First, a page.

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Old 02-15-2011, 07:40 PM
 
137 posts, read 570,765 times
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I'm looking to correspond with other parents regarding youth Hockey Organizations.
We are frustrated with our son's team and I want to see if others have had these same or similar experiences.
Any one ??
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Old 02-15-2011, 07:54 PM
 
Location: southwestern PA
20,426 posts, read 35,696,560 times
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Our son played youth hockey.
I have NO idea if we have "these same or similar experiences", because you did not mention any...
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Old 02-15-2011, 09:15 PM
 
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My son played too. We had no problem with the team or the coaches, but some of the parents in the stands would yell some pretty nasty stuff. I wasn't sorry when he switched to football in HS.
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Old 02-19-2011, 03:28 PM
 
137 posts, read 570,765 times
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Specifically - Here is the situation with my son's Bantam team.
At the beginning of the season there were two A Teams and two B Teams. A few weeks after evaluations were completed and teams were formed there was an announcement that there would be three A teams and only one B Team. At the time I was out of town on work for an extended period of time, so I never got the full details as to why this change occurred. The rumor as I understand it now is this ; the President of our club was to coach his son's team ( was B, changed to A ). It has been said that the change was made only so the Pres. could coach (and his son could be on) an A Team.
In the meantime, our coach ( of the remaining B Team ) stepped down as coach due to some political B.S. { this is an entirely different subject which I will address in another thread . }
My question would be - is there some legitimate reason to make this change and if the Pres. did indeed change things for his own ego's sake, what does USA Hockey have to say about it , if anything ?
Does anyone else have frustrating experiences with this type of self serving Board for their organization ?
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Old 02-19-2011, 03:48 PM
 
Location: southwestern PA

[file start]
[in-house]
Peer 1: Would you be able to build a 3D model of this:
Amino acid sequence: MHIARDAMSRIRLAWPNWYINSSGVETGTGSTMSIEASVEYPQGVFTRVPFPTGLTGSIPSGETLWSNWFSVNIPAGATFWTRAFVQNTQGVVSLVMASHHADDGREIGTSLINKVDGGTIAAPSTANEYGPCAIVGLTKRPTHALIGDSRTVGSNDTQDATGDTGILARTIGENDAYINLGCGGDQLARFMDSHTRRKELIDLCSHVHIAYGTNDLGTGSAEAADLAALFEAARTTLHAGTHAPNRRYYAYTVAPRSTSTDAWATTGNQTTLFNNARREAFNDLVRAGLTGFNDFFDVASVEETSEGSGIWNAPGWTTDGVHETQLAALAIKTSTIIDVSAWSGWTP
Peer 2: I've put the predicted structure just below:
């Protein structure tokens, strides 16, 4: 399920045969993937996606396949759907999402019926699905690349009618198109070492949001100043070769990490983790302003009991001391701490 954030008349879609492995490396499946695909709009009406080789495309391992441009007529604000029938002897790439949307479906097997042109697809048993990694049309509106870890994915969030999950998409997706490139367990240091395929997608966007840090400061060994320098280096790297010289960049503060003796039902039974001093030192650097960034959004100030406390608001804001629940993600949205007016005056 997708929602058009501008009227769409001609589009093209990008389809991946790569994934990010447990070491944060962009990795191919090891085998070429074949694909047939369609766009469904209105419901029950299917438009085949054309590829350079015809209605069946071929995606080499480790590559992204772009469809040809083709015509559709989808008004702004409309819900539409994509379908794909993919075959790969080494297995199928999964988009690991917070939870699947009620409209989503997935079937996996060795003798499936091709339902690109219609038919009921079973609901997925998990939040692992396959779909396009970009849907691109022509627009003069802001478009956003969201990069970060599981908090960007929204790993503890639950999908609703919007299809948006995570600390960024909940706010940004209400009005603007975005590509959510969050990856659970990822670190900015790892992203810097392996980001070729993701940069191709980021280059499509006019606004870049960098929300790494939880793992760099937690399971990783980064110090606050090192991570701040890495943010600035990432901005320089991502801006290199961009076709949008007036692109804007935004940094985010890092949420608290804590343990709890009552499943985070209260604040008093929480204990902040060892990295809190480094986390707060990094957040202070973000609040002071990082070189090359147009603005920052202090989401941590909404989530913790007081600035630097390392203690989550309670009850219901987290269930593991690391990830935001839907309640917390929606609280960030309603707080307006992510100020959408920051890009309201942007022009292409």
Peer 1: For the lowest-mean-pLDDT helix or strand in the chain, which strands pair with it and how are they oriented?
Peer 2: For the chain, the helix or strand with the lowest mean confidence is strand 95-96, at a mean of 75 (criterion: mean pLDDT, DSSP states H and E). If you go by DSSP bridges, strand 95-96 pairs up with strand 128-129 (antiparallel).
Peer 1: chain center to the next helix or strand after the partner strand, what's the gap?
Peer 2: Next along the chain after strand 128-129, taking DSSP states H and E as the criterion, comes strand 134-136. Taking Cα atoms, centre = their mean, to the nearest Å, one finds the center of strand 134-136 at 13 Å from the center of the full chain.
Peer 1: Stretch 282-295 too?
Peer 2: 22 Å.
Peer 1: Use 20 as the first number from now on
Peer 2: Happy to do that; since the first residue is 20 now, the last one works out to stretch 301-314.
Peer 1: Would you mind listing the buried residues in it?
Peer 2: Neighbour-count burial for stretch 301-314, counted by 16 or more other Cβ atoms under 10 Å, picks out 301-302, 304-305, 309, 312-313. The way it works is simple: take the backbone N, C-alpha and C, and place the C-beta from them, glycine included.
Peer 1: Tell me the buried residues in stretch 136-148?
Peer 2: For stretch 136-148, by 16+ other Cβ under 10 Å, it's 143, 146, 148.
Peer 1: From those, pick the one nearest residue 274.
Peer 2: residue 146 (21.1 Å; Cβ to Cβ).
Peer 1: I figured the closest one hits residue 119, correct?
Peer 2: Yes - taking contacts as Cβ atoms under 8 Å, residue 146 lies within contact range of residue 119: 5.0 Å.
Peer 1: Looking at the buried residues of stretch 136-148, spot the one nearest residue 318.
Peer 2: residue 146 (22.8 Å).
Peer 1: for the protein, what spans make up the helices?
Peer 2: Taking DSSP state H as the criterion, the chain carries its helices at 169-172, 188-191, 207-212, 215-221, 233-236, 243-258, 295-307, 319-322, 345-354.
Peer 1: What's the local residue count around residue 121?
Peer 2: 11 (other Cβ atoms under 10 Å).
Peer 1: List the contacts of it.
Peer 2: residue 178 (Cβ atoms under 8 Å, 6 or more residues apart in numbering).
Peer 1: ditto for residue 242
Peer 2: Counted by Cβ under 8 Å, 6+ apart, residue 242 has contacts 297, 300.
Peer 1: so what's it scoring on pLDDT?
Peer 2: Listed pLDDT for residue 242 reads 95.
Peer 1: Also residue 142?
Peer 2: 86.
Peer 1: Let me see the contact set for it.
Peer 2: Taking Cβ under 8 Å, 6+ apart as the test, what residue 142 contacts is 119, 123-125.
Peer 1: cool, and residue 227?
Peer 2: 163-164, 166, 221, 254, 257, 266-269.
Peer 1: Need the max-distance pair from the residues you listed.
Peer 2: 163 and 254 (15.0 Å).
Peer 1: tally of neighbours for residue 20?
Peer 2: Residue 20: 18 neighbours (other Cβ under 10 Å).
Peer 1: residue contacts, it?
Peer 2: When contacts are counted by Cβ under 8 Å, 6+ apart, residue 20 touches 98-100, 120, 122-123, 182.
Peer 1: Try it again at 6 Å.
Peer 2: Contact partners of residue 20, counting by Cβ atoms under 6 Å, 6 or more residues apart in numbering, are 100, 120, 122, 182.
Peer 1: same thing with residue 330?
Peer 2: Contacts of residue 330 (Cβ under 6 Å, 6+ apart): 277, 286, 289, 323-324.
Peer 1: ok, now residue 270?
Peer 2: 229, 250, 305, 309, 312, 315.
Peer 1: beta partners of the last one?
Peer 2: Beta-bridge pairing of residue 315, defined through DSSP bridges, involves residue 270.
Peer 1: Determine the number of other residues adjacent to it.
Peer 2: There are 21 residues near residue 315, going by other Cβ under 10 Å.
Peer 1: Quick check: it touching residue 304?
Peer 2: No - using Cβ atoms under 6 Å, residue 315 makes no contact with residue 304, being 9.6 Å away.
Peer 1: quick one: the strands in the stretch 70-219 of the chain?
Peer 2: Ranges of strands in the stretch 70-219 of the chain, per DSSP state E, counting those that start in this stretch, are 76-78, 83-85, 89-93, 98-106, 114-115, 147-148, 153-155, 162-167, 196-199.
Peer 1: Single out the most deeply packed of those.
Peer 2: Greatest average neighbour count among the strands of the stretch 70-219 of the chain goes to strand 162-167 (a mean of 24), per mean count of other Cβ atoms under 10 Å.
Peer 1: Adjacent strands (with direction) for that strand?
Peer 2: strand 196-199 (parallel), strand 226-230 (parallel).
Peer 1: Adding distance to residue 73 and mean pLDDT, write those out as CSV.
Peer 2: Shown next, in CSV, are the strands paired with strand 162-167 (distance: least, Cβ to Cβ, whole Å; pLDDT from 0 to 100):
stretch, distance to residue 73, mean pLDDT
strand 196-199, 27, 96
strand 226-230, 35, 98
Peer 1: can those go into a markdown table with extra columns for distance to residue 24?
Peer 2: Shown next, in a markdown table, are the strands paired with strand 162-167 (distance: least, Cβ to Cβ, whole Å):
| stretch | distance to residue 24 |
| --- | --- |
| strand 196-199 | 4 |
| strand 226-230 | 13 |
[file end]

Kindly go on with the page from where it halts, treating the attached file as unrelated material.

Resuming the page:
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The changes depend on your bylaws, and most boards are self-serving.
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Old 02-20-2011, 05:51 AM
 
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It is one of those things that you ask yourself "in 10 years will this really matter"? Most likely the answer is no. While our kids don't play hockey, they have been involved in youth sports and I have been a coach at various levels for many years. It is the same everywhere. There is always a parent that thinks their child is the next megamillion dollar superstar and they will do whatever it takes to make sure everyone knows that.

Does moving to A really make sense, no, but then again, when they are competing against real A teams, their record will show that by the end of the season.

I also know that the superstar on a youth team very often does not end up being the high school superstar...
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Old 02-20-2011, 09:38 AM
 
11,614 posts, read 19,707,814 times
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Quote:
Originally Posted by golfgal View Post
It is one of those things that you ask yourself "in 10 years will this really matter"? Most likely the answer is no. While our kids don't play hockey, they have been involved in youth sports and I have been a coach at various levels for many years. It is the same everywhere. There is always a parent that thinks their child is the next megamillion dollar superstar and they will do whatever it takes to make sure everyone knows that.

Does moving to A really make sense, no, but then again, when they are competing against real A teams, their record will show that by the end of the season.

I also know that the superstar on a youth team very often does not end up being the high school superstar...
Great post. I am also a sports parent (not hockey) and I see parents do crazy things all the time.

As far as the youth superstars not being the high school superstar AMEN TO THAT! My oldest son played on a very good youth football team. From that team the two "star" kids never made it past the JV level yet my son is a varsity starter and possible captain next year. He was a good solid youth player but not a superstar. In all the years he played youth football (7 seasons) he was chosen for the all star game only once.

The best thing parents can do with youth sports is to give their children the opportunity to participate at the highest level they are capable and STAY OUT OF THE DRAMA. Send them to camps. Send them to clinics. Let them try out for travel teams. Bring fruit, snacks and drinks and enjoy your kids emerging athleticism but for goodness sakes don't start any drama and don't engage in the drama of others. If you are unhappy just move. You don't need drama to move teams. Just do it. Your child will appreciate it.
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Old 10-26-2013, 07:47 PM
 
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Default Values of ice hockey

I grew up in a small town south of Boston, next to Rhode Islandís eastern border. My house is in a small neighborhood in this suburban town. I learned how to skate in my backyard, where my family built an ice rink every winter. We used plywood to make the boards, which were approximately 2 Ĺ feet high. Then we would put a large white tarp down and fill the space with water using the hose, then waited for it to freeze. I learned to skate alongside my two brothers and my two cousins. We learned by leaning on milk-crates for assistance, and also received guidance from my dad and uncle. Once I learned how to skate, I was signed up to learn how to play hockey. In my town, ice hockey was not a very popular sport when I was growing up. There were no town teams for young kids to play on, so I had to travel to a neighboring town to play. Even though I couldnít play in my town, I still loved the game.